But enough complaining. Does this mean that we at Flow are more likely to make investments in the near future? You bet!

(Link to more budget analysis from Chris Arsenault from Inovia)

15
Mar

A method for finding out if you have a painkiller or a vitamin

The more pitches I hear from startups the more I realize that entrepreneurs have a hard time figuring out if their startup is a painkiller or a vitamin. I mentioned this briefly in a previous idea screening post but I’d like to propose a method to help.

I’ve come up with five measures so far:

  1. Do you have a problem or a feature? – “Mobile access” is a feature, not a problem. E.g. I don’t really want mobile access to my tax return. A lot of startups have a feature idea at their core, not a pain point, mostly because the initial idea was created by an engineer.
  2. Do you have a specific target market? – A telltale sign of a feature looking for a problem is to target “everyone” or “small business”. Saying everyone needs your product doesn’t mean a trillion dollar opportunity. It just means you don’t understand the problem.
  3. Can you describe the person who will use your product? – How, where and when do they work? What are they doing exactly that causes them ‘pain’? What alternatives do they look for? Can you draw a picture before they use your app and after?
  4. Is the pain measurable? – Any convincing CEO can make you believe that bad UI is as painful as a root canal. But how do you measure it? Extra clicks? Time lost? Money lost due to errors? If you can’t measure the pain you have two problems: 1) you might be wrong and 2) you can’t tell if your solution is an improvement.
  5. Is it verifiable? – Sure, you may find some way to quantify pain but how do you verify with the people who matter, i.e. users? Have you identified ways to double check, like surveys, focus groups or one on one interviews?

So let’s look at an example:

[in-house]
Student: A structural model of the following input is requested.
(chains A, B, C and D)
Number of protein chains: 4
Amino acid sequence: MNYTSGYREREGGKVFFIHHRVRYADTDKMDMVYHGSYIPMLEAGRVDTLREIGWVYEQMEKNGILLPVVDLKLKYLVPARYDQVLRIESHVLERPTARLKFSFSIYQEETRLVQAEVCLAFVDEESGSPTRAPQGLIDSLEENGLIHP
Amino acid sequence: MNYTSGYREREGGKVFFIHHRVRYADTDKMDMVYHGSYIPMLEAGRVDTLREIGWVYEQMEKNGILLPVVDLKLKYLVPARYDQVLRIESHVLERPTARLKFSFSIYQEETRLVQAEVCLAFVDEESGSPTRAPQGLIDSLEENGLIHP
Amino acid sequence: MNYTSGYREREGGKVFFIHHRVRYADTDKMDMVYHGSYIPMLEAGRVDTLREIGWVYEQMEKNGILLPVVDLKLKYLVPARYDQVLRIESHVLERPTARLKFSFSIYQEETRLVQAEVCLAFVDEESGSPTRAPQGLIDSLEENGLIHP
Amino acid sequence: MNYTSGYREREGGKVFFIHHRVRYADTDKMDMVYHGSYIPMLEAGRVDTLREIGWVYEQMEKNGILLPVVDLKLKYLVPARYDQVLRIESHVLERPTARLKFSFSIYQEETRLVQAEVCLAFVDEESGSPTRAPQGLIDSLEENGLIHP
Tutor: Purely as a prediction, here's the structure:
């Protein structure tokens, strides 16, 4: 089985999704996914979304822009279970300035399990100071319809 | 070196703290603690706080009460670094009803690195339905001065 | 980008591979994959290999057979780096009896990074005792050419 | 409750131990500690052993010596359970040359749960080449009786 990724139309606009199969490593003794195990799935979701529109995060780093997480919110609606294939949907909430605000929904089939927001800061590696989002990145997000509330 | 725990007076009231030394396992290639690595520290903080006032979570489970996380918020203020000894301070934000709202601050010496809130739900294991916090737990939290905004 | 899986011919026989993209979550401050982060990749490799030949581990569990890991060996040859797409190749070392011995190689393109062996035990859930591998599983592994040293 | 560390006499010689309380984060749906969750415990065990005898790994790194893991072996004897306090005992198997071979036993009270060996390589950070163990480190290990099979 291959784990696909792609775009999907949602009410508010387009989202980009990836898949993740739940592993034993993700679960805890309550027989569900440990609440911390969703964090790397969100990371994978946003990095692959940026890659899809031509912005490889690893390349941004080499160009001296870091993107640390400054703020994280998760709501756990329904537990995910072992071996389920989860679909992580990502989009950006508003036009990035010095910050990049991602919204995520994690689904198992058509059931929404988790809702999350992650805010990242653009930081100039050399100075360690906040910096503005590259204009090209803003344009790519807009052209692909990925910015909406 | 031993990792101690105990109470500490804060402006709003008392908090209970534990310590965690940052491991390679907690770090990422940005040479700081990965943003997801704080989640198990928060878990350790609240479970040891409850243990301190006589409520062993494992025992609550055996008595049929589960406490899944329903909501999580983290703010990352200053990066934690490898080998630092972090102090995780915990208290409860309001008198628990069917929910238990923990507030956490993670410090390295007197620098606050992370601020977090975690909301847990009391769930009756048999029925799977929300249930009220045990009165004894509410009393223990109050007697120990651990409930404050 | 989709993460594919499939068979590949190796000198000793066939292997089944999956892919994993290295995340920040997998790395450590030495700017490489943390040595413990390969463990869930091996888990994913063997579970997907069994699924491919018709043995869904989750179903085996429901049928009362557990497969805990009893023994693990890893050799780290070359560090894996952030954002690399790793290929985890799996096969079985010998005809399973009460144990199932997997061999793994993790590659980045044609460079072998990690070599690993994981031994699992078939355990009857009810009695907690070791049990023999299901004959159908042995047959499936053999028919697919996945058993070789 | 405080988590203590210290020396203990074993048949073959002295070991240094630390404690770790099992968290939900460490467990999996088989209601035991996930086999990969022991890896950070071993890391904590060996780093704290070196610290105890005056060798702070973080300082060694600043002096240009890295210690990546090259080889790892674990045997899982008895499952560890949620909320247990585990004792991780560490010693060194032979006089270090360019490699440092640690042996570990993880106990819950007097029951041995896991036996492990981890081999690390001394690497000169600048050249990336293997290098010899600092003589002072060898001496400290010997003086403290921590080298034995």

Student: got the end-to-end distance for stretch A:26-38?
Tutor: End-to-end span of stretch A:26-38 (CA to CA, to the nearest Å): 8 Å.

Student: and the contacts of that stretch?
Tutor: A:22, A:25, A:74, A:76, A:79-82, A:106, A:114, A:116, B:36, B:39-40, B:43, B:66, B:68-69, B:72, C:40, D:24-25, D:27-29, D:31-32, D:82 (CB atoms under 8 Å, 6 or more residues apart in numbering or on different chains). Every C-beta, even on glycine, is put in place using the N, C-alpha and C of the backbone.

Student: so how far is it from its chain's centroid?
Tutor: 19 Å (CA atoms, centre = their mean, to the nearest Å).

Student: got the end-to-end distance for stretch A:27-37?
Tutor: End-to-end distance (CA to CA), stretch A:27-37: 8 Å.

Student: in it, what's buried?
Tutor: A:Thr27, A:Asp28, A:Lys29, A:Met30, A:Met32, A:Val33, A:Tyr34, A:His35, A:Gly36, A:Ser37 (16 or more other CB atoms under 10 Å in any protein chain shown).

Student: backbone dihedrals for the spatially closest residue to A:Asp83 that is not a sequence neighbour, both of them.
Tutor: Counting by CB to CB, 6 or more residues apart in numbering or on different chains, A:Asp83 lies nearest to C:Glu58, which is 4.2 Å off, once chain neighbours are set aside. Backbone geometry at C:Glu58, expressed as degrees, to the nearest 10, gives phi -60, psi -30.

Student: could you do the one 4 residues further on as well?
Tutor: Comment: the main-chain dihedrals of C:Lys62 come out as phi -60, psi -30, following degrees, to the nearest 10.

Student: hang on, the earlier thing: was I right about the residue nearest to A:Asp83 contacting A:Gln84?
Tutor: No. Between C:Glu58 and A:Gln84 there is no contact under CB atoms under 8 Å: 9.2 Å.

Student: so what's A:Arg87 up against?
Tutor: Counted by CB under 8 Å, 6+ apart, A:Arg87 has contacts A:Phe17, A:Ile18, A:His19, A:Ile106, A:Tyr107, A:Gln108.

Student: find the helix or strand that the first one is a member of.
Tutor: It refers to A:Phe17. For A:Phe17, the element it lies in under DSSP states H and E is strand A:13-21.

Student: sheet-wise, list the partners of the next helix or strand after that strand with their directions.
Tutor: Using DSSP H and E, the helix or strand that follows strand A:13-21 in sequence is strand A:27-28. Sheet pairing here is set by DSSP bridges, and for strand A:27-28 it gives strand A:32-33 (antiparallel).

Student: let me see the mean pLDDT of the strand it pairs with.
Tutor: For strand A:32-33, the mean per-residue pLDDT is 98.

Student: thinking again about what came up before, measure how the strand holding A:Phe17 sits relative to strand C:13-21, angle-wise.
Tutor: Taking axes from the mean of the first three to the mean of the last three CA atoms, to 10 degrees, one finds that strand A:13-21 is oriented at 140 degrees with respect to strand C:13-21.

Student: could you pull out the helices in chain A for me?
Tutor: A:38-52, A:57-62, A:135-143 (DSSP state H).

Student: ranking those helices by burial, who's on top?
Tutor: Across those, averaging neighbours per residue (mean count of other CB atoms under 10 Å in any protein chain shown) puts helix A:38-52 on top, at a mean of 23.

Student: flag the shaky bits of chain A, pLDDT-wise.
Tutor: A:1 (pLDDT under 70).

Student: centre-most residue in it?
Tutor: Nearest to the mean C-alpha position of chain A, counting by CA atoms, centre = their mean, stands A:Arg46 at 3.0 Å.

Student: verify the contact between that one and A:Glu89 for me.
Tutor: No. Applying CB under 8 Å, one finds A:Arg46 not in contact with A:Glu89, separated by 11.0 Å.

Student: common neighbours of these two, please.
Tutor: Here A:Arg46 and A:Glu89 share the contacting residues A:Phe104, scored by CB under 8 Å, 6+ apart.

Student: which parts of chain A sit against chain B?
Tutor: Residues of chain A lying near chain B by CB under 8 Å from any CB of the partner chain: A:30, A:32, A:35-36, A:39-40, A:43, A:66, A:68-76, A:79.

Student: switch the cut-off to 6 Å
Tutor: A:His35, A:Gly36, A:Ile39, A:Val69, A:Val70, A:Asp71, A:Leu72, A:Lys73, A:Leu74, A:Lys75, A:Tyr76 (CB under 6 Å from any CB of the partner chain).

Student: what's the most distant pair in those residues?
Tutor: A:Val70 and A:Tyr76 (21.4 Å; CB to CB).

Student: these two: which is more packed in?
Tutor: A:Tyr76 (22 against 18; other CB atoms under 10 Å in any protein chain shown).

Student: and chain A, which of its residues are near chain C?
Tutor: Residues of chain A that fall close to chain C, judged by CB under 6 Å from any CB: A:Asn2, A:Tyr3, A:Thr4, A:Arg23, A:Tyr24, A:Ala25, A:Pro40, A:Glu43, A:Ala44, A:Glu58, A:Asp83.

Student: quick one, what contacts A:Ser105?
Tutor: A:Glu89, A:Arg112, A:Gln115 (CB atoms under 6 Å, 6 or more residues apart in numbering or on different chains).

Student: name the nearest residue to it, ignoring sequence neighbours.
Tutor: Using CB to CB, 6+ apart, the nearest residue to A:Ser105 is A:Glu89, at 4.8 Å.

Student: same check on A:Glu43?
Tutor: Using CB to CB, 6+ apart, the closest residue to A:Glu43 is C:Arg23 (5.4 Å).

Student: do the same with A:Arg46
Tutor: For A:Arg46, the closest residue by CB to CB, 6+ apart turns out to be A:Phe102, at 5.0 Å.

Bad Better
Problem or Feature? We create social networking tools for non-profits We help non-profits engage more volunteers and raise more money from funders, using social networking tools
Clear market segment? Non-profits Geographically-distributed non-profits with less than 10 staff whose target volunteer base is 18-35
Detailed description of user? People who work at non-profits 3 user types: 1) the Volunteer Coordinator & Fundraiser (who regularly communicates with volunteers and funders), 2) volunteers who network with the non-profit staff and other volunteers, 3) funders who don’t want to network but enjoy the profile they receive on the network
Measurable? All non-profits wish they reached more people We measure the # of volunteers needed each year to deliver programs minus turnover to calculate the total annual volunteer hours needed. There is often a deficit. We measure the annual budget deficit that needs to be covered by outside funding. We measure the opportunity cost of programs not delivered due to insufficient funding. If we’re successful, the # of volunteers, funders and programs goes up.
Verifiable? We talked to a local non-profit and they loved our product We have identified a list of 25 non-profits in our target market. Within 30 days we could contact each one, ask them to complete a survey, and give us feedback on some screenshots of our product. If feedback is negative we will try other segments until we find the right one

Of course, having answers to the five questions doesn’t guarantee that you have a painkiller. It just makes it more obvious whether the pain you think you solve is really all that painful. Stated one way, the lack of a social network is no big deal for a non-profit. Stated another way, helping find volunteers and funders is a life-or-death part of how non-profits operate.

The main benefit of this process? Forcing you to spend more time digging into the problem. You may abandon your original problem but you may also find some legitimate pain points that are a lot more interesting to tackle.

Next time I’ll post a few more examples and analyses. Feel free to send me some examples from your startup.

23
Feb

Calling All Area C#, .Net Senior Programmers to Startup Drinks!

I want to meet all qualified C#, .Net senior programmers looking to flex their leadership muscles with a venture backed startup.  I’m looking for someone with 4-6 years of experience in web application development on ASP, .NET and C# and and excellent understanding of Visual Studio and SQL. You should have a bachelor’s degree in science or engineering and if you’re bilingual, all the better.

Look forward to meeting you at Startup Drinks this Wednesday, February 25 from 5:30pm at Brutopia.

Robin

17
Feb

Startup Drinks February

The last Wednesday of the month comes around faster than you realise and suddenly, it’s time for Startup Drinks again!  January’s drinks was pretty gregarious and good fun, which can only be good for business.  Keep encouraging those who need to come to Startup Drinks this Wednesday, February 25 at Brutopia from 5:30pm until whenever.

I’m putting out a challenge to all who read this: if you’re a senior programmer looking for work (or know someone who fits this description), look for Robin from Flow and introduce yourself!  We’re looking for senior software developer for one of our clients and I’d love to have a chat over a pint.

Registrations are open at TechEntreprise!

See you there,

Robin